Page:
noun (plural tali ˈteɪlʌɪ)Anatomy
The large bone in the ankle, which articulates with the tibia of the leg and the calcaneus and navicular bone of the foot. Also called astragalus.
- The ankle joint is formed by the articulation of the talus with the tibia and fibula.
- In this series of operations, we used suture anchor devices to fix the free ends of the split patellar tendon to the talus and the calcaneus.
- Because of the bony articulation between the medial malleolus and the talus, medial ankle sprains are less common than lateral sprains.
Late 16th century: from Latin, literally 'ankle, heel'.
noun (plural taluses)[mass noun]
1A sloping mass of rock fragments at the foot of a cliff.
- Along these exposed fault scarps, 500 m or more high, not only can the nature of oceanic crust be examined, but complex patterns of fault breccias, talus, and lavas can be discerned.
- These wrens breed in rocky habitats, such as canyons, coulees, outcroppings, and talus slopes in the steppe and dry forests.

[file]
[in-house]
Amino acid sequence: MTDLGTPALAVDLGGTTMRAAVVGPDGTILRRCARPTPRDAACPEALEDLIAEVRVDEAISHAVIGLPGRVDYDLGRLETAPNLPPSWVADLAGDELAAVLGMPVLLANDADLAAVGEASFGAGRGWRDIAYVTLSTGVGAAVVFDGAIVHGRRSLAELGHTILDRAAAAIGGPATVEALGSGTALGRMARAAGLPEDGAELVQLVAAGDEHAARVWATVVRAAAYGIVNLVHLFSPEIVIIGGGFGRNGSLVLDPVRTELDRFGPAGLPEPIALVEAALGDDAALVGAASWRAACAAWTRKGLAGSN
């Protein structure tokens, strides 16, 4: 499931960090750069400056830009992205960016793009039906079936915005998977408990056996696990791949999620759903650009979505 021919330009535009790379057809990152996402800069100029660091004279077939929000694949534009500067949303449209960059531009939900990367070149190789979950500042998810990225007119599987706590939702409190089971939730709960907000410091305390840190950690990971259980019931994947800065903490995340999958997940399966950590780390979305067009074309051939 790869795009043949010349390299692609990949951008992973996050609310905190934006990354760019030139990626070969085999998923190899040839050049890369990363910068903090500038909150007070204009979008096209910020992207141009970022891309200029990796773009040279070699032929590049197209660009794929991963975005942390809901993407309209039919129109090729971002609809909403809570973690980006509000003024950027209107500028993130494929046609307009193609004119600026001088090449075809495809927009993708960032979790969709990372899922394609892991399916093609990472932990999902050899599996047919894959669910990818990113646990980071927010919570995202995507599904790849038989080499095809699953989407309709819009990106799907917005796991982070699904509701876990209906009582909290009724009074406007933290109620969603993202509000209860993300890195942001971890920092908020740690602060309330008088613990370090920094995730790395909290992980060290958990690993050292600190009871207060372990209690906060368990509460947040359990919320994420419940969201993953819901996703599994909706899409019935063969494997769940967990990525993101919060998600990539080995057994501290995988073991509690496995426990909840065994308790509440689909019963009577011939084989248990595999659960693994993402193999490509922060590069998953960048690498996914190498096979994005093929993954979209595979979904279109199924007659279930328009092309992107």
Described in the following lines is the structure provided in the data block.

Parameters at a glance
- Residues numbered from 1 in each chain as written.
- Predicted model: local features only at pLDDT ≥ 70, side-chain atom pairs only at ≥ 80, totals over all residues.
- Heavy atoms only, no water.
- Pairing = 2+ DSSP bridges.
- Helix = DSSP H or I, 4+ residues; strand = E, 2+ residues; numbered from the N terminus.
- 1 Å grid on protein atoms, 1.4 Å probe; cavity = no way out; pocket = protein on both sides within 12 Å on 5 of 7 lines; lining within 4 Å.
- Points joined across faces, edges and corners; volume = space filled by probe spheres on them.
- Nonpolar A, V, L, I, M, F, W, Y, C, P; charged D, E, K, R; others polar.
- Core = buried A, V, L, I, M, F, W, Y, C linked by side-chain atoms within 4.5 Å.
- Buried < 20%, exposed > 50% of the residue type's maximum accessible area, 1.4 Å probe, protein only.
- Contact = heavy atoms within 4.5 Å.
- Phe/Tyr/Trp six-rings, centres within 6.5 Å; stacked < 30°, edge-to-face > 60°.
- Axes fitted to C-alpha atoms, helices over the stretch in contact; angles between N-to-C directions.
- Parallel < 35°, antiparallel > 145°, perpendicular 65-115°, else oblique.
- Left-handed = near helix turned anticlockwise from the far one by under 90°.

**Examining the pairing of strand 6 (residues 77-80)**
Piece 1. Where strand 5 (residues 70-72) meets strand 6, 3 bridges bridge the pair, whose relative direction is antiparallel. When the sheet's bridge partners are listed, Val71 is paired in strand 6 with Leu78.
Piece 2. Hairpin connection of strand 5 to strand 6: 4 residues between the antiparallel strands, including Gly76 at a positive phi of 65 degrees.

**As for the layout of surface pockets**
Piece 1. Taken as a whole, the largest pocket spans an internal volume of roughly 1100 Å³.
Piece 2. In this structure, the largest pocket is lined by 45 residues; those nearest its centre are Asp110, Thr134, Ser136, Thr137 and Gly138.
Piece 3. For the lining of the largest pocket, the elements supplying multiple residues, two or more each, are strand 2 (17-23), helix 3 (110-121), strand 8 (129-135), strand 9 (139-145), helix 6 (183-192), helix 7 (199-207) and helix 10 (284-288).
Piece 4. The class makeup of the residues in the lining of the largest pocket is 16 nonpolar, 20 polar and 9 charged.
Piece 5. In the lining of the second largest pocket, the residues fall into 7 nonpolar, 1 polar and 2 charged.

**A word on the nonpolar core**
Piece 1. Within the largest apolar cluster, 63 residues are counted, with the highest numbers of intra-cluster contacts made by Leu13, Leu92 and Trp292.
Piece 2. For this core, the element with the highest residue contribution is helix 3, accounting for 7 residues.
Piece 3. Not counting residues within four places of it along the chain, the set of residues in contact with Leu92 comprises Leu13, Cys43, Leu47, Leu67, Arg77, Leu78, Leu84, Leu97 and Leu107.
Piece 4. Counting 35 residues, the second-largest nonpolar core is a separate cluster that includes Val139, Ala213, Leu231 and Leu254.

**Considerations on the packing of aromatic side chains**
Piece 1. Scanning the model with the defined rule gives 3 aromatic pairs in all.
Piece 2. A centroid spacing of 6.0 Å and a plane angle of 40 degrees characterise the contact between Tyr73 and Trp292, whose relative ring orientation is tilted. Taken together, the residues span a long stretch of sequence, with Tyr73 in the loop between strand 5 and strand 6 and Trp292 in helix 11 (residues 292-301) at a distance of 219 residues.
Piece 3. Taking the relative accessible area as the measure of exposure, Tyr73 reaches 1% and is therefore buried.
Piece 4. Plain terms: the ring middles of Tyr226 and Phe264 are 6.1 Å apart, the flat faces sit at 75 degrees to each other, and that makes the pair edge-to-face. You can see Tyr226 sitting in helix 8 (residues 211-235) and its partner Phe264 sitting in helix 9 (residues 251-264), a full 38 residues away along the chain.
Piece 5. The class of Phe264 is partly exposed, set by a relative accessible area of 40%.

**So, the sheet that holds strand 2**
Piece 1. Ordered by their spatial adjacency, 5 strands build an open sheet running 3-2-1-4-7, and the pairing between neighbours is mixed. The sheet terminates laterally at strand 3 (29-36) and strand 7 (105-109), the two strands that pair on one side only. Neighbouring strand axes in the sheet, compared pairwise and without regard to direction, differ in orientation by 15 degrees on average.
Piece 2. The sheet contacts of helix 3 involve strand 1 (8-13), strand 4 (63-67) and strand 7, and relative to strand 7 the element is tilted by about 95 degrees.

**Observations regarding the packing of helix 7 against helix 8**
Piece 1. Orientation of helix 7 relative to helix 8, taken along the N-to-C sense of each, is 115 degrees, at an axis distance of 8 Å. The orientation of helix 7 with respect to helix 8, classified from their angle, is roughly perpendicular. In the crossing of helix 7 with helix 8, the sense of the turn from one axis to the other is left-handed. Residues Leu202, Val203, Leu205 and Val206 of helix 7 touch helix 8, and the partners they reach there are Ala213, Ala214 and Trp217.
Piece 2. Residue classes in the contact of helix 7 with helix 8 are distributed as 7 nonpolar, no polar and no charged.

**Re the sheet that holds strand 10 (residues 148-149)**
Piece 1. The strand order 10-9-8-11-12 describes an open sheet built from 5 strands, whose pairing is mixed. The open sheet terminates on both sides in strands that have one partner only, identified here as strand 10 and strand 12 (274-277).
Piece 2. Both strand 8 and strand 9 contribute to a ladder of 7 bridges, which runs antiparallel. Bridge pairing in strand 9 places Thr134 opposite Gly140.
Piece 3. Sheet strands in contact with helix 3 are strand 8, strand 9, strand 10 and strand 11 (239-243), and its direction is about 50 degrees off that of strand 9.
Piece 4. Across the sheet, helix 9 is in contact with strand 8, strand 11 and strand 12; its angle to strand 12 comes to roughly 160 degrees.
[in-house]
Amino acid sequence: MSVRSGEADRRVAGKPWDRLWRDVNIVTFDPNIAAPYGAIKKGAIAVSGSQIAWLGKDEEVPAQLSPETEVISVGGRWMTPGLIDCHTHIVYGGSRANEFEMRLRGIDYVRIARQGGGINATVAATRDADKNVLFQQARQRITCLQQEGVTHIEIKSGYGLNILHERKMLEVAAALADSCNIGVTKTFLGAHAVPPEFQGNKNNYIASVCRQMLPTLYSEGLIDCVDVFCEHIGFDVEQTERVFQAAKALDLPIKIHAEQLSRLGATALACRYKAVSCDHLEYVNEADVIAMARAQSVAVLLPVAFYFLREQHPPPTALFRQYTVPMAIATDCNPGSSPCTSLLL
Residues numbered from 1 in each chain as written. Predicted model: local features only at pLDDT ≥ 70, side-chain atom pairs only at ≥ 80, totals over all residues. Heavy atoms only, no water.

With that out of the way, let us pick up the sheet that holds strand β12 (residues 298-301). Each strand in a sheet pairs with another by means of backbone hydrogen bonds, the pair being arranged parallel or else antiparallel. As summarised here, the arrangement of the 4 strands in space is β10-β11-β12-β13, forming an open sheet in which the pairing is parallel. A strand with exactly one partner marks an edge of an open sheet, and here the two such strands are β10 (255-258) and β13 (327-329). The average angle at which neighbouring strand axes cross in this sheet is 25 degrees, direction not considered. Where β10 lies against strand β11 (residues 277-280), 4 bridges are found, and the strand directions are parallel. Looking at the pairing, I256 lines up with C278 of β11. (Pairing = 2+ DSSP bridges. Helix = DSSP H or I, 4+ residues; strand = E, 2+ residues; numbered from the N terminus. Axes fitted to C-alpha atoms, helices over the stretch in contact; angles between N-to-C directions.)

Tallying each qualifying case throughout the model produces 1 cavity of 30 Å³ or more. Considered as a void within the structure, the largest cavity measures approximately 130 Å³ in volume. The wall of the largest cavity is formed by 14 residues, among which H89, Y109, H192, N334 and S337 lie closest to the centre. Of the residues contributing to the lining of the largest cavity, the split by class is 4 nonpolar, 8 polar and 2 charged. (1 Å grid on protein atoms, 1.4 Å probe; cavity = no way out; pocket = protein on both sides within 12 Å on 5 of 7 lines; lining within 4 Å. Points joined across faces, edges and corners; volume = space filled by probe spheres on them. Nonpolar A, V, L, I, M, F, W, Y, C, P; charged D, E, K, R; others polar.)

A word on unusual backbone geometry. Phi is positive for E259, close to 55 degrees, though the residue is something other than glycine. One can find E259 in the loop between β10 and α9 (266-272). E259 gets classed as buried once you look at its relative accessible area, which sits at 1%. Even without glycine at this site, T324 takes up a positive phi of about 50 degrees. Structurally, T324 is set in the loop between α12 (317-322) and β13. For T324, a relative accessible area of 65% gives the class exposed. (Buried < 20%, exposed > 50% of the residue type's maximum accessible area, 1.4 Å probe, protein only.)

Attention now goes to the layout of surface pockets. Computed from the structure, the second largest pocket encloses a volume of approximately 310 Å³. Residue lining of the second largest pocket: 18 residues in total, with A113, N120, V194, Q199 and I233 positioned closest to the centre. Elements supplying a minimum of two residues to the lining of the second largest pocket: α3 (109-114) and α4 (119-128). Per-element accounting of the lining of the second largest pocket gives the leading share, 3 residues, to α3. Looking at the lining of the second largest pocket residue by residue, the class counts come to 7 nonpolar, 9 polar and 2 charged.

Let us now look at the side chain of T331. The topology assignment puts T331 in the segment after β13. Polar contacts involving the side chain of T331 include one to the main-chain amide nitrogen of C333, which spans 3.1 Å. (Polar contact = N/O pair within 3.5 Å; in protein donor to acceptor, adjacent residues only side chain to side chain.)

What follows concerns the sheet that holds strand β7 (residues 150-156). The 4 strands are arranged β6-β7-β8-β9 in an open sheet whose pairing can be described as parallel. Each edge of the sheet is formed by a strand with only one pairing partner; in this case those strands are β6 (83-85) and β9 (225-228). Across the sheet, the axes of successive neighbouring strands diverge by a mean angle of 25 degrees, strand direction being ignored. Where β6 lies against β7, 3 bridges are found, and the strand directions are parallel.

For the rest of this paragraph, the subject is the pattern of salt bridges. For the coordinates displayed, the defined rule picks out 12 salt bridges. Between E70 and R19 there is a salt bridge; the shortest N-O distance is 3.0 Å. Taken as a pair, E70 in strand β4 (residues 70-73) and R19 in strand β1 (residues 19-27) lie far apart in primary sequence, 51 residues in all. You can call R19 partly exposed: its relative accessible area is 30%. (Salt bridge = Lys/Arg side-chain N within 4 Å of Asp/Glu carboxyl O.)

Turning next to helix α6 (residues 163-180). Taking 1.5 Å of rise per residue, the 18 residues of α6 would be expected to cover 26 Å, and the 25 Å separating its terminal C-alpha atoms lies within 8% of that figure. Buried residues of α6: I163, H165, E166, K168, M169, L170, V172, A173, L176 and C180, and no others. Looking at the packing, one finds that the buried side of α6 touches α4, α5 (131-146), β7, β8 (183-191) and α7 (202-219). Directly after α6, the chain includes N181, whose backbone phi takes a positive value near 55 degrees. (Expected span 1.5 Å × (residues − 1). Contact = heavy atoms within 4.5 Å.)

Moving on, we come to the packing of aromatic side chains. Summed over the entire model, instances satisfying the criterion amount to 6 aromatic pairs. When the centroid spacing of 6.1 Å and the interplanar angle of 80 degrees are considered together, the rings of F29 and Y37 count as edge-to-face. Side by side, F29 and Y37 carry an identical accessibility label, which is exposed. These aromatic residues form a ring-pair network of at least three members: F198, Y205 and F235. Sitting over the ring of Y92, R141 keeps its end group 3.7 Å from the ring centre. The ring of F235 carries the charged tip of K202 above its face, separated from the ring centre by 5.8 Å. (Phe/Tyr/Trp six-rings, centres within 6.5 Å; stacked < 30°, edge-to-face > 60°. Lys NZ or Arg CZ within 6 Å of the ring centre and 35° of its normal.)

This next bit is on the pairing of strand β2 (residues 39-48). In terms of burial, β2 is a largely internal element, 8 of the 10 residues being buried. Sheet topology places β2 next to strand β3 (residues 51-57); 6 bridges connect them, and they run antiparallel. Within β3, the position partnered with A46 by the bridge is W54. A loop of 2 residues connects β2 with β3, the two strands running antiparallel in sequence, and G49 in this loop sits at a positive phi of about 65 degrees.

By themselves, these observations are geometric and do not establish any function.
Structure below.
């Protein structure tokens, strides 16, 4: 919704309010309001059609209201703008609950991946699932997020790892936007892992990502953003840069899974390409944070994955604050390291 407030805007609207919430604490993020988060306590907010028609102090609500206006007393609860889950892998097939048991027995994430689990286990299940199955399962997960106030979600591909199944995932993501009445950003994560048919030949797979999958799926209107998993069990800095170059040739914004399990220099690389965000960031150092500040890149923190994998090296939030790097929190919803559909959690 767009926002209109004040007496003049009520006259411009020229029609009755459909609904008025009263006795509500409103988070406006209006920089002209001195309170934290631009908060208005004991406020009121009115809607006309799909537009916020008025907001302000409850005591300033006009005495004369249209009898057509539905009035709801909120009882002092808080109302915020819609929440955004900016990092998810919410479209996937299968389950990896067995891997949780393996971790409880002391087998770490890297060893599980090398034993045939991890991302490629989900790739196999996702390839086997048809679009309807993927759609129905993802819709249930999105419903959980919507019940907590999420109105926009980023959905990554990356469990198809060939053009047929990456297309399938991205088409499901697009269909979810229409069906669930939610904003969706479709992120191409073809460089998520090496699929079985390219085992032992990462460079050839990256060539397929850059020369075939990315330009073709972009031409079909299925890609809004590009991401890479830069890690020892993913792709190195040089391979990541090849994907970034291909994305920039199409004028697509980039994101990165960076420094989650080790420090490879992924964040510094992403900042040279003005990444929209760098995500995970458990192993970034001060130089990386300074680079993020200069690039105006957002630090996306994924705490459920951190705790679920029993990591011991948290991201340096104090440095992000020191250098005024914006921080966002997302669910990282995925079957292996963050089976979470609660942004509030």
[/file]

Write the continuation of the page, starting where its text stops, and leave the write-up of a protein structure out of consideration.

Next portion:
- Protection of algific talus slopes may help prevent the need for threatened or endangered status for these other snails and plants like the golden saxifrage.
1.1 [count noun] The sloping side of an earthwork, or of a wall that tapers to the top.
- The talus is an architectural feature of some late medieval castles, especially prevalent in crusader constructions.
- Large taluses were added to the southwest and east sides to strengthen the outer wall and to make it earthquake resistant.
- Soil loss and runoff were evaluated over a 2-year period (2001-2002) on the taluses of terraces, in this zone of intense subtropical orchard cultivation.
Mid 17th century: from French, of unknown origin.
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